I needed to disassemble my CS10 to fix some sticking keys. Here's how I did it...
Note that these instructions probably also apply to the CS9, CS11, and maybe some other Kawai digital pianos that have real piano cabinets.
The Kawai CS10 can be disassembled by following these steps...
Remove the back. There are 9 gold sheet metal screws that come out easily. The back also comes off easily. We could jump to removing the key stop rail if we had a way to remove its center screw. But it is rather hard to get to, so we'll have to keep going.
Remove the upper panel assembly. Disconnect tweeters, remove the 6 screws, carefully push forward from bottom. This is a bit tricky and seems like it might scratch the arms. Be careful here. Note that the two shorter screws are for the center. (Reinstalling this is particularly noisy and nerve-wracking. I think the two plastic trim pieces on either side are the problem. Installing the two (shorter) center screws first seems to be helpful as they lift the panel into a better position.)
Remove the fallboard. Close the fallboard over the keys. Remove the 4 screws attaching the metal brackets to the arms, two on each side. While supporting the fallboard from the center, Carefully lift the fallboard out. It is heavy, be sure to support it in the middle or on both sides so that it doesn't tilt and scratch anything.
Remove the key stop rail. Another four wood screws, two on each side, and the sheet metal screw in the middle.
At this point you should have full access to the keyboard and you should be able to pull keys and replace the Teflon pads (PTFE sliptape) for any sticking keys. Some folks use plain felt tape instead. Be sure to clean any glue off the metal button on the hammer with IPA. See the videos below.
When pulling the keys, hold the hammer up, lift the key up from the front until it clears the balance rail pin and then pull out. Be careful not to upset the paper rings that are used to adjust the key height. These are on the balance rail pin. Sometimes they stick to the keys. Be sure to find them and replace them if they come off.
The hammer is hooked upward in the back. Lower it and it should unhook downward and pull out. When reinserting the hammer, hook it in the back, lower the front and lift the back up into position. Then insert the key underneath. It's a little tricky and takes some practice. If it looks wrong, it probably isn't hooked on in the back. Try again.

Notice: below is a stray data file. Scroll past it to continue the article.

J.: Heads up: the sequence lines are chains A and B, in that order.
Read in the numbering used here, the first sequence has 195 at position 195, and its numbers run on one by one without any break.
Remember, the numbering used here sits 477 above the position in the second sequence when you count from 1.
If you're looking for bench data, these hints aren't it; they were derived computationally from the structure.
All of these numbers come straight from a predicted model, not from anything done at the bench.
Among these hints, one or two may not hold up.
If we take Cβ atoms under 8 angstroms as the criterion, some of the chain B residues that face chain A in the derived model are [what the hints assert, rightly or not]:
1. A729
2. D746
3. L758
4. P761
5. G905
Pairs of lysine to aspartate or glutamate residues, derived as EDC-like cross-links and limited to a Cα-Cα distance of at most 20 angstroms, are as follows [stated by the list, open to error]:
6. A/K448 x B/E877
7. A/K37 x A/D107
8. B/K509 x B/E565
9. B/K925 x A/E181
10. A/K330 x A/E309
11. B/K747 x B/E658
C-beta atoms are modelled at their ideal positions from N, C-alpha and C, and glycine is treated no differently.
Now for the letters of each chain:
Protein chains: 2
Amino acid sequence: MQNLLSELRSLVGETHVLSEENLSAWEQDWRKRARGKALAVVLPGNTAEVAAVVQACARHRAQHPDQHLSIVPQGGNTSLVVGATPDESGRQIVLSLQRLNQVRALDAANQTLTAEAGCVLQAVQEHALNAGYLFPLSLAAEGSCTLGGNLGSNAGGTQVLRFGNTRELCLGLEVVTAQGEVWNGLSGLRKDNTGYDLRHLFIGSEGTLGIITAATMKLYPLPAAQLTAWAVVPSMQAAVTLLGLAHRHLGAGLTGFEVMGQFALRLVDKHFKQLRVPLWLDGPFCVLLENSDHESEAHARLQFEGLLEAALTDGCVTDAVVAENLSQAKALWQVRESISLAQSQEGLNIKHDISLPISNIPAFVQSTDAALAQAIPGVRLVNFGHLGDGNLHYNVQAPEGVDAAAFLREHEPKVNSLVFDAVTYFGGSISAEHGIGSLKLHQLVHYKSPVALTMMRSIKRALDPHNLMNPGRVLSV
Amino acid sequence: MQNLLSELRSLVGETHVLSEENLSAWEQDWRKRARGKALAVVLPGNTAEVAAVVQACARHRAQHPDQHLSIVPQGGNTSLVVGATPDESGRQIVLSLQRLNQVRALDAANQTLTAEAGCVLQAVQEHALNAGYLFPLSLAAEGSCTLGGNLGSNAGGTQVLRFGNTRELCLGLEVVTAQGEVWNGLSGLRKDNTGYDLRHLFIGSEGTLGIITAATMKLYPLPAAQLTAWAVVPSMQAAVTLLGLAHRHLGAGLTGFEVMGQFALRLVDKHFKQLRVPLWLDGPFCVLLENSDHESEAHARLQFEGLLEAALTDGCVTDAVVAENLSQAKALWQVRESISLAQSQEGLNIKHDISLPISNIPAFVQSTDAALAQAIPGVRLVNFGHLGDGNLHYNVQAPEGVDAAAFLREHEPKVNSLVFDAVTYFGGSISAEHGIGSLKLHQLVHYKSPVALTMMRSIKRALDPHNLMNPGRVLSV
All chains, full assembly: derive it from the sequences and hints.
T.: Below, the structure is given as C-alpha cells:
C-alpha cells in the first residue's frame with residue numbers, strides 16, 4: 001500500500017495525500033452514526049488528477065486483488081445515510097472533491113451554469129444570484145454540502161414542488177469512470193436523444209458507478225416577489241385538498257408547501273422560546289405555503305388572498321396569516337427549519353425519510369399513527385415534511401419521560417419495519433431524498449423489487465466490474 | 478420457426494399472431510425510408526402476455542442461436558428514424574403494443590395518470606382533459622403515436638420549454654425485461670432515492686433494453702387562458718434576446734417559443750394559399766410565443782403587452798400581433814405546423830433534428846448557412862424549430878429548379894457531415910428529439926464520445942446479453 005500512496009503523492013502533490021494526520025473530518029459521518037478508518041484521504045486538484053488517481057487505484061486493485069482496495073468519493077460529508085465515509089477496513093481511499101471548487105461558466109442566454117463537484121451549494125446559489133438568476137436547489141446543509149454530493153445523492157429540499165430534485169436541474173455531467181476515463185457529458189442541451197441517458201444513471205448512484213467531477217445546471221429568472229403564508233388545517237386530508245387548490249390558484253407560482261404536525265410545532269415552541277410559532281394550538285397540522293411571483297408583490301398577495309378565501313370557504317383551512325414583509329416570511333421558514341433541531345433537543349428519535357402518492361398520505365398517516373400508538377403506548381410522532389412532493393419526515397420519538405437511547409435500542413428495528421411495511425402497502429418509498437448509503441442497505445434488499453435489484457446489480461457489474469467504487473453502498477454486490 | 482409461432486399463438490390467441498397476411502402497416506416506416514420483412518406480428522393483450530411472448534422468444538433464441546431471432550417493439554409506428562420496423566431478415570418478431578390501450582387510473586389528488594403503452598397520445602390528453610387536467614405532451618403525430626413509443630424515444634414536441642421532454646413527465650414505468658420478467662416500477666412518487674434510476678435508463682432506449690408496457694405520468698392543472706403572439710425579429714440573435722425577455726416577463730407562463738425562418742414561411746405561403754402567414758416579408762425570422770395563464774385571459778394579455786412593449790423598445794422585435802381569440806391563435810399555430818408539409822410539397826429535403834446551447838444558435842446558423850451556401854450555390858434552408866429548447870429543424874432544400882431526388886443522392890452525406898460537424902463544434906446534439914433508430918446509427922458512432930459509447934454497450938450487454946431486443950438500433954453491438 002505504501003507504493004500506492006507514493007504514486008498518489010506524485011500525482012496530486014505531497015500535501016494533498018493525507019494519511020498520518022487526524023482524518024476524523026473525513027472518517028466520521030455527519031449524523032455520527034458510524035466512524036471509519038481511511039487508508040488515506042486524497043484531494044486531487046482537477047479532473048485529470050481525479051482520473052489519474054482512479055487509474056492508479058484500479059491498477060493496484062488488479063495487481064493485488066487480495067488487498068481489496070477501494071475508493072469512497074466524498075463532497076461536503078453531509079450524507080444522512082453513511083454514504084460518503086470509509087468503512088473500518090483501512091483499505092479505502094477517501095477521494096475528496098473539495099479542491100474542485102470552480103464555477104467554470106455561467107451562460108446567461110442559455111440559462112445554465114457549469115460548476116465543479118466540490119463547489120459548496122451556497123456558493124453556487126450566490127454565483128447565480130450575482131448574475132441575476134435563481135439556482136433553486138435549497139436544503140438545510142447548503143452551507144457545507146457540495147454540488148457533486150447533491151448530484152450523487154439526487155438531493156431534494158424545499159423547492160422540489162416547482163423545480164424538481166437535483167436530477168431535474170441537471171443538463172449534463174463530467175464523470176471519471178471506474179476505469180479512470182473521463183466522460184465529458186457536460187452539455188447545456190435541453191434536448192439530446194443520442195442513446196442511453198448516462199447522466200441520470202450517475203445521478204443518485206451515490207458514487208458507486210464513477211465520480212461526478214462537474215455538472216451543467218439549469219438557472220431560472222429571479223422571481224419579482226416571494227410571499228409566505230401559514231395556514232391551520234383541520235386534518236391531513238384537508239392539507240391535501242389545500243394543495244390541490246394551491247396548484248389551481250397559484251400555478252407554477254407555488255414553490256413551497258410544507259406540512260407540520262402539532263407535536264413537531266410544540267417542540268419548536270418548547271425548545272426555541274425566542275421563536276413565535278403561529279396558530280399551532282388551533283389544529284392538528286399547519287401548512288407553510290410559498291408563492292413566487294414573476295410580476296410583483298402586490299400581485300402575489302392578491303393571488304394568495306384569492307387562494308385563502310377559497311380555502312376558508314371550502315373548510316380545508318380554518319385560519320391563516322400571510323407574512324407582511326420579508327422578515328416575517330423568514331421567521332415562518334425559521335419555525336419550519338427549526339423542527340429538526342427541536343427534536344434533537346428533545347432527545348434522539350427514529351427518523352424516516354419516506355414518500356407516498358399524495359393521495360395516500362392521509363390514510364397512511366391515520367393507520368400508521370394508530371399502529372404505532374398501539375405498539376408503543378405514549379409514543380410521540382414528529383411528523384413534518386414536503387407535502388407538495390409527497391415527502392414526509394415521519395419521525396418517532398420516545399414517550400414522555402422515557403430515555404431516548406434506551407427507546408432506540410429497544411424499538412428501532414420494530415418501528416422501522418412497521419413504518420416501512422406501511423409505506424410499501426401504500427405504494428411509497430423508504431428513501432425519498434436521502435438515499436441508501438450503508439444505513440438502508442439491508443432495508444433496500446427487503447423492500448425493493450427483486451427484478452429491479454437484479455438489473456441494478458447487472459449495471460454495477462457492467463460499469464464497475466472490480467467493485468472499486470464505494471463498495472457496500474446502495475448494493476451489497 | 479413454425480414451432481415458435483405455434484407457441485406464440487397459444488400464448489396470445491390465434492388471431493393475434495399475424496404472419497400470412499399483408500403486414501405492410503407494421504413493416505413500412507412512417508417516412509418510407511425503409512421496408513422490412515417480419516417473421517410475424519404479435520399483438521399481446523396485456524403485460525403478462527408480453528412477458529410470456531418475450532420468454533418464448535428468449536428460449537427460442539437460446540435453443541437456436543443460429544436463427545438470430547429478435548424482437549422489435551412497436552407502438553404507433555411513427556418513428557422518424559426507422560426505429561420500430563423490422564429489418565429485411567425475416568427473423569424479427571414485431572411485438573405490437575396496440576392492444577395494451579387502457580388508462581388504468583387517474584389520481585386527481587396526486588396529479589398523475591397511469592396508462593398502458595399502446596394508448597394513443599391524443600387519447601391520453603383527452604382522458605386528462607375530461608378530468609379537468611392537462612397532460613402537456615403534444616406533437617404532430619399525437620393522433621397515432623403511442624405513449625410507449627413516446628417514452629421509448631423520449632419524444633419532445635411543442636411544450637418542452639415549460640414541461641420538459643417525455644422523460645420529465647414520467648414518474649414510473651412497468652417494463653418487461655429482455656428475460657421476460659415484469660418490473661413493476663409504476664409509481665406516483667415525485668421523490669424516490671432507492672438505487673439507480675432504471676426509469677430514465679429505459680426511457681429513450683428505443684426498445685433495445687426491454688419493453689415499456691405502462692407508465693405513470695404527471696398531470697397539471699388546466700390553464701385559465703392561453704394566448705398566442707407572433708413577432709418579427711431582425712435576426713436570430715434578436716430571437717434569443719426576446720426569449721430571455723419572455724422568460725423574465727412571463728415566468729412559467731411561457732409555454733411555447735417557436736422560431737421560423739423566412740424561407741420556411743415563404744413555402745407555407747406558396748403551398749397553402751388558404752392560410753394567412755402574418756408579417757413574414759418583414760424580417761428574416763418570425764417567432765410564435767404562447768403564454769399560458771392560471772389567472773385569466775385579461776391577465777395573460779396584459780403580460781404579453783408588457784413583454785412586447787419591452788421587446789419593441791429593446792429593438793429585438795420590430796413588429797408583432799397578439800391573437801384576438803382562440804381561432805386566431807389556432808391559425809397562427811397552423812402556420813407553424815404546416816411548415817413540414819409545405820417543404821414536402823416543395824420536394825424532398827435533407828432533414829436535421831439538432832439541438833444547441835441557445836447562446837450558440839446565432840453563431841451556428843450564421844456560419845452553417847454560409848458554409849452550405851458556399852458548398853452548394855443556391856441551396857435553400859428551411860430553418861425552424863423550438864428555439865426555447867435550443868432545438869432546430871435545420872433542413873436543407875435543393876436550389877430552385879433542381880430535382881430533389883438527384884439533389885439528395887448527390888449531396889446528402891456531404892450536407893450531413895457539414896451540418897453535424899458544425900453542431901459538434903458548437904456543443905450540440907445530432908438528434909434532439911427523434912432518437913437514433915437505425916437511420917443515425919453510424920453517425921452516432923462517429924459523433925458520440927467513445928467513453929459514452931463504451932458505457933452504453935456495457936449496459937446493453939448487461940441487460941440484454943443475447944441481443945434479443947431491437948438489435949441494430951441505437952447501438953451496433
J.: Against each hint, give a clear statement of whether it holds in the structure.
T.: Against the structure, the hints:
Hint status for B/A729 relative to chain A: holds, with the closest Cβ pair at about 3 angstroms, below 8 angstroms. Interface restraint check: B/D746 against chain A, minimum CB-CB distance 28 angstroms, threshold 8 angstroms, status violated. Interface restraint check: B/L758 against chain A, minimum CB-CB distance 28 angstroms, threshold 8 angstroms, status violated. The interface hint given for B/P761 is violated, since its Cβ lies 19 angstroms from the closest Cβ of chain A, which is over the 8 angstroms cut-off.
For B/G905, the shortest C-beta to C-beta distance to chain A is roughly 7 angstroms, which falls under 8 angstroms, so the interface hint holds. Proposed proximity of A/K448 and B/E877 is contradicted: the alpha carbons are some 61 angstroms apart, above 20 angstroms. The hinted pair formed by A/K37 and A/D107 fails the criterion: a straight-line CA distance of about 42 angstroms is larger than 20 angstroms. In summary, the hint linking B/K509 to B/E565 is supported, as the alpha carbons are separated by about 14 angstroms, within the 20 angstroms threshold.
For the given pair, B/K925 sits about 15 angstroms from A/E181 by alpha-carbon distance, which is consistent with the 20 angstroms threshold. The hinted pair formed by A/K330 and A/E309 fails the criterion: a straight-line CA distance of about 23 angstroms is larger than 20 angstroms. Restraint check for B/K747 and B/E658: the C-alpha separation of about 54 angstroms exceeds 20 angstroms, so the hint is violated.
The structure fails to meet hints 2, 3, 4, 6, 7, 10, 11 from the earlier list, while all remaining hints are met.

Reassembly is reverse of disassembly. See the reassembly notes above.
3/6/2021 I was able to fix three of the keys by either removing and resticking the teflon layer which had shifted, or by reattaching the teflon layer that had separated from the felt with double-stick tape. These are temporary fixes and I will be ordering some sliptape from Kawai for the final correct fix.
Took some pictures of the motherboard. Appears to be a 200MHz Renesas (Hitachi) SH7203 microcontroller running the show (marked 72030W200FP). Two 32MB SDRAM chips: ESMT M12L2561616A-6T for a total of 64MB SDRAM. And four big KAWAI chips: K023-FP, KP682-FFFW, KP681-F9FP, and KP707B-FBFP. The KP chips feel like they are the ROMs since they have stickers on them. Not sure if "FP" indicates field programmable (ROMless?) or floating point. I'm not really a hardware guy.
How To Fix Sticky Keys on Kawai MP11, MP11SE, CS10, CS7, CP1, CP2, CA97, CA67, CS8, CS11, CA78, CA98 - YouTube video explaining how to replace the Teflon pads.
Fixing slow [Kawai Grand Feel] keys adding PTFE layer - Same idea, but includes instructions on confirming correct velocity when done.
Fix sticky key Kawai CA97 (Repairing guide GF1 GF2) - Work starts at 3:20. A Kawai tech chimes in (in the comments) and provides the proper procedure for complete sliptape replacement.
Copyright © 2021, Ted Felix
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